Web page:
Tuesday, September 25

Store owner to renew focus on painting after Crisalide closure

Eunhi Kim will close her clothing boutique on Westwood Boulevard at the end of the month. (Pinkie Su/Daily Bruin)

Eunhi Kim will close her clothing boutique on Westwood Boulevard at the end of the month. (Pinkie Su/Daily Bruin)

For 11 years, Eunhi Kim sat behind the counter of her Westwood Boulevard clothing boutique and dreamed of becoming a painter.

At the end of May, Kim will close Crisalide, a boutique store that sells shoes, clothes and accessories, to focus on fulfilling her dream of creating a masterpiece.

Kim said Crisalide, located in the Holmby Hall clock tower building, has not made a profit in five years, so she supported the store with income from another property she owns.

Kim attributed the store’s consistently declining revenue to changes in students’ shopping habits.

“Several years ago, the economy was good and people could afford expensive dresses, but after the recession, people’s spending habits changed,” Kim said. “Now, I have to compete with cheap online retailers.”

Kim, who began painting at the age of 10, moved to Los Angeles 25 years ago after graduating from an art school in South Korea. She worked as a painter and sold her work to galleries before becoming a full-time mother.

In 2005, Kim opened Crisalide with help from her niece, who gave her advice about building her business. They named the store after a butterfly’s chrysalis, or cocoon.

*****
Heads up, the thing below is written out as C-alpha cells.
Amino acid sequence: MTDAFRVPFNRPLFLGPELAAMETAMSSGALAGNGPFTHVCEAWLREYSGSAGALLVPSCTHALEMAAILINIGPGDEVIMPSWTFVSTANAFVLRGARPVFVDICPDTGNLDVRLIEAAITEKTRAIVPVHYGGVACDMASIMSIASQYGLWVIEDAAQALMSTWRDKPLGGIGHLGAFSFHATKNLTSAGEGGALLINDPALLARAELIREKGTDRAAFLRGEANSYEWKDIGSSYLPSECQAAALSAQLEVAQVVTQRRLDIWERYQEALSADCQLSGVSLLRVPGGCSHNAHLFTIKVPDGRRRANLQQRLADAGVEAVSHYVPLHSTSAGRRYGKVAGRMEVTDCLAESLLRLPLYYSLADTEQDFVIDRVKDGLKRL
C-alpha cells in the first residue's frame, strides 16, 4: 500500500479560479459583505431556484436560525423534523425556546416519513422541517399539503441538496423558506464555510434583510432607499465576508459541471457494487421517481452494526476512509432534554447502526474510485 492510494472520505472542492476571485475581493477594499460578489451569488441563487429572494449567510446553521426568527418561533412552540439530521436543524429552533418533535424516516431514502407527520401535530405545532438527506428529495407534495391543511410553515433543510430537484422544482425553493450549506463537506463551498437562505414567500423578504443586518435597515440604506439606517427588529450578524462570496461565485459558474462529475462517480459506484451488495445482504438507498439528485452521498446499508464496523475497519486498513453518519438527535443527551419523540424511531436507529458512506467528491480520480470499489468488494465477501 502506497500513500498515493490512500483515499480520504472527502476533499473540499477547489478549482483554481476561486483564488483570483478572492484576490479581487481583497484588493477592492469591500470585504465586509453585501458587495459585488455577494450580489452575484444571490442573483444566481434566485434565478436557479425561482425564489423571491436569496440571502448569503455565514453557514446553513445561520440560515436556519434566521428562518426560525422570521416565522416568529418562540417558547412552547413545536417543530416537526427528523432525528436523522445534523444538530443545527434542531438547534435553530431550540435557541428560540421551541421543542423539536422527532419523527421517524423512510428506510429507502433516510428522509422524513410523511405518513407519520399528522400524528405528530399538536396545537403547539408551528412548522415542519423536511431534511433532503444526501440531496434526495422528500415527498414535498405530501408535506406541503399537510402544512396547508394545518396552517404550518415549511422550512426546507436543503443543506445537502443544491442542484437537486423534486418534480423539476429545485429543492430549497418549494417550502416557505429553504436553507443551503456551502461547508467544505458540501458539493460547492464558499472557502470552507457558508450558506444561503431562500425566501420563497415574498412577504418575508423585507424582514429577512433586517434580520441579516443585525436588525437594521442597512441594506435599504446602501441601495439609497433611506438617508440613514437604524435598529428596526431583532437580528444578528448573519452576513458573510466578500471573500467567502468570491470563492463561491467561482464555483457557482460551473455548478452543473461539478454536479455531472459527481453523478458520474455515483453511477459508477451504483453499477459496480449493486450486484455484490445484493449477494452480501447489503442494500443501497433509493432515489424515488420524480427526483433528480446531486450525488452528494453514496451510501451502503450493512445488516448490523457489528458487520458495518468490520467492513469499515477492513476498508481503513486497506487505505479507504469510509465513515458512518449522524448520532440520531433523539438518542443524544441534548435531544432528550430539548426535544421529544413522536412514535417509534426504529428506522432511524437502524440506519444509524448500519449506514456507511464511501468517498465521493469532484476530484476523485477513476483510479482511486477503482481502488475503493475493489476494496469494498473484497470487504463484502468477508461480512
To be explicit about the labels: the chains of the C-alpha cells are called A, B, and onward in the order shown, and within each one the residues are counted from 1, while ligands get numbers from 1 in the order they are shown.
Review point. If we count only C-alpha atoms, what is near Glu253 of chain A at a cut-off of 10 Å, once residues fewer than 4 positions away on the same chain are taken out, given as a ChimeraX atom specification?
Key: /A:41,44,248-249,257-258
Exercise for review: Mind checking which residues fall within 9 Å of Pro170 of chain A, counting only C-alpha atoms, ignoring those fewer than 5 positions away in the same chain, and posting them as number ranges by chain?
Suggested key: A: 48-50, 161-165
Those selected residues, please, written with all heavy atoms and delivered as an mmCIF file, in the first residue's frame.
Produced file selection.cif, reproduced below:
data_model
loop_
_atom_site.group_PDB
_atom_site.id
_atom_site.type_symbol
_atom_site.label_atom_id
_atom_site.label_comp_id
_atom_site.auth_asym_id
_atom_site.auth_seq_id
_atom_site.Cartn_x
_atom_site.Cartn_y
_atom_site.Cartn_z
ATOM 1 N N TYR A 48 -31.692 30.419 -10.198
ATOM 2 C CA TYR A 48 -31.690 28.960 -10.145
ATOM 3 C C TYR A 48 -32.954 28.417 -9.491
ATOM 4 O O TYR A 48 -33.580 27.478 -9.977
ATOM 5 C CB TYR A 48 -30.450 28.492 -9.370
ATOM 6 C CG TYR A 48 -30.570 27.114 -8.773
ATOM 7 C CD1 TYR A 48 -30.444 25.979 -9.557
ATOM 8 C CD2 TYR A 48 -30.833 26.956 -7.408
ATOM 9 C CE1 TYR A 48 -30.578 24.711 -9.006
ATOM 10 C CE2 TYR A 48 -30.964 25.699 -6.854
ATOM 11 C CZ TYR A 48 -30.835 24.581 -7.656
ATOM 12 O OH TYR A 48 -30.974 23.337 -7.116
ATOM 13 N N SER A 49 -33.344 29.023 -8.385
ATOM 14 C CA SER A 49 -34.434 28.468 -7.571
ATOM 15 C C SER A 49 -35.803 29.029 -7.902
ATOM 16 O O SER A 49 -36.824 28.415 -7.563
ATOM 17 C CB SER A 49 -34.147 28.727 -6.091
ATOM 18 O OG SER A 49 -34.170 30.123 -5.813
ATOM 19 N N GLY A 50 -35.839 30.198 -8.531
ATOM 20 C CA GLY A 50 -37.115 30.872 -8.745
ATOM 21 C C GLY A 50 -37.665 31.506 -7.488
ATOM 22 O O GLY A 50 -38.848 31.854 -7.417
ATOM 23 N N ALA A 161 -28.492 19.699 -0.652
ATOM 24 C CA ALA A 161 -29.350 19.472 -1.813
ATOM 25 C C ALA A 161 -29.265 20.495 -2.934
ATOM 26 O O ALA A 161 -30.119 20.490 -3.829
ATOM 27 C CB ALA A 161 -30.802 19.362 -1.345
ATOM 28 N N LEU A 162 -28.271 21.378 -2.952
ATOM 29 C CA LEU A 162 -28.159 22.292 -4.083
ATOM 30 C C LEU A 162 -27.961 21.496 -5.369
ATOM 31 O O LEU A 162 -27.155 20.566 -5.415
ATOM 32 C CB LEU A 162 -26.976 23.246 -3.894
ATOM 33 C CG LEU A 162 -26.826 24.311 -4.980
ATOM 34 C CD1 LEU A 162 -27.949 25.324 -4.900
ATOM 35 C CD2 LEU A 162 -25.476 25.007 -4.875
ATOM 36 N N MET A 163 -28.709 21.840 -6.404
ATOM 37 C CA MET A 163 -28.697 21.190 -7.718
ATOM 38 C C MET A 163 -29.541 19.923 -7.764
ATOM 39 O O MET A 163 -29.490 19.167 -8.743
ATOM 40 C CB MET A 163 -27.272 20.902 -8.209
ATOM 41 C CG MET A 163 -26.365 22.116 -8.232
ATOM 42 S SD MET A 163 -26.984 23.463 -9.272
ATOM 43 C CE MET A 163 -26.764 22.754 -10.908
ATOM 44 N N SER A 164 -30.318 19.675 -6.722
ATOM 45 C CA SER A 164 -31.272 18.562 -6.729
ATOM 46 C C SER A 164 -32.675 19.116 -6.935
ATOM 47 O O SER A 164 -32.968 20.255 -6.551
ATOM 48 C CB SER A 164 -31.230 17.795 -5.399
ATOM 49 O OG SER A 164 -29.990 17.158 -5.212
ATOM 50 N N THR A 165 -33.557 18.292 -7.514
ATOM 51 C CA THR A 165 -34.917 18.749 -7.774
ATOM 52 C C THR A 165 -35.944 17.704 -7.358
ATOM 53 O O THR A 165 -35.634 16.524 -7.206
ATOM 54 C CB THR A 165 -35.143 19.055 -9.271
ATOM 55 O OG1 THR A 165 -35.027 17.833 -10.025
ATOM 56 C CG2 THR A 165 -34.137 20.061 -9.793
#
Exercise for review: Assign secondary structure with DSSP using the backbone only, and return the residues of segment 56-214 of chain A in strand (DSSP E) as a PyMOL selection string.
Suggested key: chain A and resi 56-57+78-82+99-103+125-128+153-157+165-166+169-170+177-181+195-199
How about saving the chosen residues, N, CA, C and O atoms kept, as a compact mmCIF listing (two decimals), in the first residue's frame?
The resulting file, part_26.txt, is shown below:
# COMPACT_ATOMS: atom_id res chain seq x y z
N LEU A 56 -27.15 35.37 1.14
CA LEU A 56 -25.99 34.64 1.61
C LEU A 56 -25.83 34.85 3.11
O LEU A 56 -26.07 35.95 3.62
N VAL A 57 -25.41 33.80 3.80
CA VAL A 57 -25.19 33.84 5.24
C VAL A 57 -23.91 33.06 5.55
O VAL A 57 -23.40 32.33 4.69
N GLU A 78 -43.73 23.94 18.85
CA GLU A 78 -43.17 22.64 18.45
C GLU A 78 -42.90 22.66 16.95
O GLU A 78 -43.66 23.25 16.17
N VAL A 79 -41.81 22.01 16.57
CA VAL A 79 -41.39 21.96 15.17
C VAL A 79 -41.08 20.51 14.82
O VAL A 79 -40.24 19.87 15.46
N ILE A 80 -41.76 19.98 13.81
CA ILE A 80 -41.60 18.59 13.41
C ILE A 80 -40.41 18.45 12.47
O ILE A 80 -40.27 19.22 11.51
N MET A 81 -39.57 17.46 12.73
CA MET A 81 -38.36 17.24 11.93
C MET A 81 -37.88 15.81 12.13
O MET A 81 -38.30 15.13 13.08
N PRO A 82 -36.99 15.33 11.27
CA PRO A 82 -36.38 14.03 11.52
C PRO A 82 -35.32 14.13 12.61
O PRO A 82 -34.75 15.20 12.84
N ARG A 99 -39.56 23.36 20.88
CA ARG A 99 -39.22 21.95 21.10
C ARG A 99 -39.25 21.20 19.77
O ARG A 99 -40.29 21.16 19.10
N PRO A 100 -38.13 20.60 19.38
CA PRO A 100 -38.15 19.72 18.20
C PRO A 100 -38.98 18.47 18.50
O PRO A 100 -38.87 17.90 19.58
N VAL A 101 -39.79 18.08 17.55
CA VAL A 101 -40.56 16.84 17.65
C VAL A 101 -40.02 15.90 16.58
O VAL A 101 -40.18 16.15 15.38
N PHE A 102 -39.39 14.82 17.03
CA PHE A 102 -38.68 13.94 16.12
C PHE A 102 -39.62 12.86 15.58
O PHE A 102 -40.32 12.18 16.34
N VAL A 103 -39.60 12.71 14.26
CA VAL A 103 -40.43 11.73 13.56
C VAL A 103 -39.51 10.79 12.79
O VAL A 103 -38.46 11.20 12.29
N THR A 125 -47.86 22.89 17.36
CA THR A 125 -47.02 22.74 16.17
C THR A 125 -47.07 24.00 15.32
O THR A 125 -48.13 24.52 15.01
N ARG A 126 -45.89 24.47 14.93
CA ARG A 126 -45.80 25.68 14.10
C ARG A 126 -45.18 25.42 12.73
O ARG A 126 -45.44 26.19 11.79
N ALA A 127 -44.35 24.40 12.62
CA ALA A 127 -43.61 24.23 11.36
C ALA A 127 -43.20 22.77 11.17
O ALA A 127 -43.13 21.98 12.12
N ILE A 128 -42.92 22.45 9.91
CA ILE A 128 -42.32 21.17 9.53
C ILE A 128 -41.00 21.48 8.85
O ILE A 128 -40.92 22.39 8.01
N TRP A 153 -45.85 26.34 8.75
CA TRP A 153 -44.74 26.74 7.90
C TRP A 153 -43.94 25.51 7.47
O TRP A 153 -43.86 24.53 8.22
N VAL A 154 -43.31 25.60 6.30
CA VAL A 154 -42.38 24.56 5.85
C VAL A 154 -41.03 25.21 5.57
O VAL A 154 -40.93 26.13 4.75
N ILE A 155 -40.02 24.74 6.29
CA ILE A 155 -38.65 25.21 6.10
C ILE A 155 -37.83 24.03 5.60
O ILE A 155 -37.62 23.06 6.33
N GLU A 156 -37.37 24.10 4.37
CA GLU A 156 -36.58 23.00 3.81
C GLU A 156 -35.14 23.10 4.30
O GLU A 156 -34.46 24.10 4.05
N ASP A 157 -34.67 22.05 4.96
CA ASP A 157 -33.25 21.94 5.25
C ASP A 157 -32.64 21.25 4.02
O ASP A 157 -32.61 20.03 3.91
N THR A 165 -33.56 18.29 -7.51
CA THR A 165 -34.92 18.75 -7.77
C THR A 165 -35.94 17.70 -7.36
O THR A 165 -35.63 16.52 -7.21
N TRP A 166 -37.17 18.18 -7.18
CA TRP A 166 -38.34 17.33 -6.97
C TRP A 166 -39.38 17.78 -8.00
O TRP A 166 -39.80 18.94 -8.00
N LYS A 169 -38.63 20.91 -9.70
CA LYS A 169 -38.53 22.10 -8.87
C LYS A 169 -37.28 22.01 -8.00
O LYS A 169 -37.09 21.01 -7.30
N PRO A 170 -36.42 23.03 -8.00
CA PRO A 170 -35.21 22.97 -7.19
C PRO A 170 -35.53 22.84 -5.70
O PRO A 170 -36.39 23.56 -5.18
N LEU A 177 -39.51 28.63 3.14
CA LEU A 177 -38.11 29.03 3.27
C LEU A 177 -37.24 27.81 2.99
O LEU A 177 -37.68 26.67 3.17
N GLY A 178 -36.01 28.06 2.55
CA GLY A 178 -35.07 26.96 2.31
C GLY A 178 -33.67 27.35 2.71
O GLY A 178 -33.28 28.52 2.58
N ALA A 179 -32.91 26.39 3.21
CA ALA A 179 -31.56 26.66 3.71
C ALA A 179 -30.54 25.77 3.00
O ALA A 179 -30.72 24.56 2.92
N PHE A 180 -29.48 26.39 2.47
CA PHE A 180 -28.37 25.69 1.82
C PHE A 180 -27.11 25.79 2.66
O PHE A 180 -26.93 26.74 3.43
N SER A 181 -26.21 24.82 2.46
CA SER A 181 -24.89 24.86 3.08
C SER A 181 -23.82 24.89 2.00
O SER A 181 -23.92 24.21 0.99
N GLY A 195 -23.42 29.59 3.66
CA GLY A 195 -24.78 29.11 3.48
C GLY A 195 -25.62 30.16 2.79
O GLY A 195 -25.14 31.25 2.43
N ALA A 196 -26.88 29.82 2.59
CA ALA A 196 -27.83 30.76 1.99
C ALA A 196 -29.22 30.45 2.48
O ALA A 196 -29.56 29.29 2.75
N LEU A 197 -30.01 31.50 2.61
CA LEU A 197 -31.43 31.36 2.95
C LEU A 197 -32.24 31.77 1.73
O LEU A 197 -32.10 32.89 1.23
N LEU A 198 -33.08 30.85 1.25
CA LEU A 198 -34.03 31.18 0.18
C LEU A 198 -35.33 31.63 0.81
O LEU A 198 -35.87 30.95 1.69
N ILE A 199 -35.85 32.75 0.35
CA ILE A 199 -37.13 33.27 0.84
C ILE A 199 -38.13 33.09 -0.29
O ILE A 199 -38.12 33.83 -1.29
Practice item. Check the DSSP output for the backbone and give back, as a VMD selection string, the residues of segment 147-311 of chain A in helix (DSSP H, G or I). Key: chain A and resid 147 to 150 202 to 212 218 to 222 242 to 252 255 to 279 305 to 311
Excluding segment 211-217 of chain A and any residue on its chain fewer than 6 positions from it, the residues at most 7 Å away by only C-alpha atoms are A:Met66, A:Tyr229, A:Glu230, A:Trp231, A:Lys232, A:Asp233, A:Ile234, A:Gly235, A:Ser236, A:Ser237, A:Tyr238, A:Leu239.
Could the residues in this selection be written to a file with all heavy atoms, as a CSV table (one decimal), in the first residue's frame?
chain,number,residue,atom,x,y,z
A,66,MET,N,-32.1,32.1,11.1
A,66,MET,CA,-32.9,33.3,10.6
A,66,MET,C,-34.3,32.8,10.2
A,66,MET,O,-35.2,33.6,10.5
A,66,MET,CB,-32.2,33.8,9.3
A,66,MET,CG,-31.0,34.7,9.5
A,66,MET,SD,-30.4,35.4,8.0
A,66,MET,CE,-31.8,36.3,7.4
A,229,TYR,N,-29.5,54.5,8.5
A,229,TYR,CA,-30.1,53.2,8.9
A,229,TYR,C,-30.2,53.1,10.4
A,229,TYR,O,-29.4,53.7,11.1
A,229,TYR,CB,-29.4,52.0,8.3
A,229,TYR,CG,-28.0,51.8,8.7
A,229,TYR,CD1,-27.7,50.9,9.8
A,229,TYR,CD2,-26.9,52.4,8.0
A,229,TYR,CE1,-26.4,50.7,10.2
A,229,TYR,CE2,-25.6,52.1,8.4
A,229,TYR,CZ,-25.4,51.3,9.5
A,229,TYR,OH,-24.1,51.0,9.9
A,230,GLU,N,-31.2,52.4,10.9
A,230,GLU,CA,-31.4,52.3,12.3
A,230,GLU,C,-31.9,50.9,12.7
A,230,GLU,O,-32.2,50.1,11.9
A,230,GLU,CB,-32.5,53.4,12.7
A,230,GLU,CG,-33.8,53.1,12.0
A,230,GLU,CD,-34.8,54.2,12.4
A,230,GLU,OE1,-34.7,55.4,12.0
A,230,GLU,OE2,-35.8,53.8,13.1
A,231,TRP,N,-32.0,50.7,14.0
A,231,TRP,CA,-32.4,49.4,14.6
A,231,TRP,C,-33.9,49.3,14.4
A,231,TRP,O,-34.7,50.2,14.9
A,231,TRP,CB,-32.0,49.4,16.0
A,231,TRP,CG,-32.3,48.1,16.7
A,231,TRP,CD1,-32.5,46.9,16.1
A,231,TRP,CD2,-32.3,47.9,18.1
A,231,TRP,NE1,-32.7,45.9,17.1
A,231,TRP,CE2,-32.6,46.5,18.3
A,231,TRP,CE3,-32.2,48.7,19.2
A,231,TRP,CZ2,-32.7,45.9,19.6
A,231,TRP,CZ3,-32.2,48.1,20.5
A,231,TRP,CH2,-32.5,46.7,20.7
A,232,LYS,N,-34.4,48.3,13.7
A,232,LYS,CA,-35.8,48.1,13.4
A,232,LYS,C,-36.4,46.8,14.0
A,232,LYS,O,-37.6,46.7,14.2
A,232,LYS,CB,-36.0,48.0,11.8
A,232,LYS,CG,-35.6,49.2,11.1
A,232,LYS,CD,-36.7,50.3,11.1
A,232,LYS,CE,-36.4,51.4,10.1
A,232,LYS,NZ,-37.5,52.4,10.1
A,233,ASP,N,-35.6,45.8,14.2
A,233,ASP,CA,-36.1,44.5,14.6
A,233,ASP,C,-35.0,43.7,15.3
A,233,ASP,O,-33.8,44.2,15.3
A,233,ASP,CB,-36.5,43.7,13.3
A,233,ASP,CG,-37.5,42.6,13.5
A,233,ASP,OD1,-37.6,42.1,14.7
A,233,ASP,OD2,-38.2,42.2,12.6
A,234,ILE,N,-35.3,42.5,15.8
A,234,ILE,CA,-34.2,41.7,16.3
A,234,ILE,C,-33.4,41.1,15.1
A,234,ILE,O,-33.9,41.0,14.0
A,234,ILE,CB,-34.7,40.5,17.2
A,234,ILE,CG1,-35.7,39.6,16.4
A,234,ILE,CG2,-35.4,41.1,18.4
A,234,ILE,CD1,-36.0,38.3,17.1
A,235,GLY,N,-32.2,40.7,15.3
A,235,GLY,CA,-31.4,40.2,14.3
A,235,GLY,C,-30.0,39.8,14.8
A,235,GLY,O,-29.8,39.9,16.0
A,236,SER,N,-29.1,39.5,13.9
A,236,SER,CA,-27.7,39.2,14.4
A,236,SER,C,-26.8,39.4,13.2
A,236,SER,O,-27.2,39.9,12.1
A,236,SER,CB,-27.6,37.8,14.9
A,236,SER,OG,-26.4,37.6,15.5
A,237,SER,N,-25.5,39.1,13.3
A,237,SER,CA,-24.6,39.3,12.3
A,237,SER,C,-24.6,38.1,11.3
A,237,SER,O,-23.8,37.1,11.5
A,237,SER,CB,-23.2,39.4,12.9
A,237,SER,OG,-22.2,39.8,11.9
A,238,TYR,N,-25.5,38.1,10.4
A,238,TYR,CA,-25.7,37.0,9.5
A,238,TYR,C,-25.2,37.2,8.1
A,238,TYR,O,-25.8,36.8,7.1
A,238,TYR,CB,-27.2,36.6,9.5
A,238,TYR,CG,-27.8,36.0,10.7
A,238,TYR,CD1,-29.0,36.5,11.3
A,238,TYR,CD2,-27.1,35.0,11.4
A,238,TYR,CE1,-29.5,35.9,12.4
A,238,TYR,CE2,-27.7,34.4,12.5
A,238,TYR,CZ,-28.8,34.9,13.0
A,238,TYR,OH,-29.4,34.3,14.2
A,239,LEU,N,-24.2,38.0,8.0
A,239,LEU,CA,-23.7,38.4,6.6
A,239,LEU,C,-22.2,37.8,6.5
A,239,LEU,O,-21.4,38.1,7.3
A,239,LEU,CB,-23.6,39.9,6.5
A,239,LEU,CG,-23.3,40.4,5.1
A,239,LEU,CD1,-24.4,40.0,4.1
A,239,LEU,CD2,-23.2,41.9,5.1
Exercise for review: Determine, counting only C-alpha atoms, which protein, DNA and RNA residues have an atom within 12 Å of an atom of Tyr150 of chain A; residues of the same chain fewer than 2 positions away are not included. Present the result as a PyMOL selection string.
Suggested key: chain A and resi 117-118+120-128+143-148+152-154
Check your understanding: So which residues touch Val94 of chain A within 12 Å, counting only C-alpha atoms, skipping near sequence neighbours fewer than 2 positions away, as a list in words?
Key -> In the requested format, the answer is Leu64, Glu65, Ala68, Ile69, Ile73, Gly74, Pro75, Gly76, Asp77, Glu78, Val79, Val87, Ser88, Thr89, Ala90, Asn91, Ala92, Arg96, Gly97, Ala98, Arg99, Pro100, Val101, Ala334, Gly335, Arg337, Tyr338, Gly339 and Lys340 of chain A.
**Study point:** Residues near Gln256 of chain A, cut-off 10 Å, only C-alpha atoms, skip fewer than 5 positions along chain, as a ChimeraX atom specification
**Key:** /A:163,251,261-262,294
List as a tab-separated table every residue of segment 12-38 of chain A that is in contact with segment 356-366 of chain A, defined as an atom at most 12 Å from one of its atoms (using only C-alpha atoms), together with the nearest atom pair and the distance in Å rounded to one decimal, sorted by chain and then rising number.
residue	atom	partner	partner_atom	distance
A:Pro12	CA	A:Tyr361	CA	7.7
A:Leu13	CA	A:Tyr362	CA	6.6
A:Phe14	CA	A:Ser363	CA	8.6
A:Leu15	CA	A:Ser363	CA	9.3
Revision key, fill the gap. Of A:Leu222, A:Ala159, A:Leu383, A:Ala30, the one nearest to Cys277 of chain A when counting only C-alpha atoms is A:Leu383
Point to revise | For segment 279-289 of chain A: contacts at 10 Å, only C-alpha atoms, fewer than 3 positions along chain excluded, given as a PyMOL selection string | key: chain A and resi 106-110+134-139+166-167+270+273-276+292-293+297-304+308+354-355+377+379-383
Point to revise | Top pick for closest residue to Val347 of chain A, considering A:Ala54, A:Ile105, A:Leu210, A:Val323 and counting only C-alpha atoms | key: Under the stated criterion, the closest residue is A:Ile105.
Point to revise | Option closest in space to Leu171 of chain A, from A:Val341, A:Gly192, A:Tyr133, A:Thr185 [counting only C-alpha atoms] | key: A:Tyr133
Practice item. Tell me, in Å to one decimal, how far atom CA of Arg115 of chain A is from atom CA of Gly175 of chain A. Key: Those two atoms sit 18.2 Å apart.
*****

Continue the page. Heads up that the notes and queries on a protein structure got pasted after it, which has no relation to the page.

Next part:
Kim said she continued running the store despite its deficit because she felt attached to the community and enjoyed talking to customers. She painted in her spare time and displayed her work around the store, but was motivated to pursue painting full time after a cancer scare in 2015, she added.

“When I found out I would have a long life, I wanted to have a different life,” Kim said.

Kim said she thinks the boom in online retail makes it difficult for her and other small business owners to profit enough to afford high Westwood Village rents.

“The Village is notorious for (businesses) coming in and losing money,” Kim said. “There’s no parking for customers and students don’t come here often.”

Kim said she will live on income from another property, and intends to paint for herself for a while instead of selling her work to galleries.

Martin Sellmeyer, the building’s manager, said a few businesses, including Amazon, have looked into leasing the space, but he is unsure which will move into the building.

“We’re looking for a solid, long-term tenant,” Sellmeyer said.

Kathleen Robbins, a third-year Russian and political science student, said she came to Crisalide to find a specific type of shoe.

“I don’t think there’s another store like it in Westwood,” Robbins said. “It’s a good resource for students to get cheap (shoes and clothing).”

Crisalide will continue its clearance sale until it closes on May 31.

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Managing editor

Pauker is the managing editor. She was previously an assistant news editor for the City beat and a reporter for the City beat.

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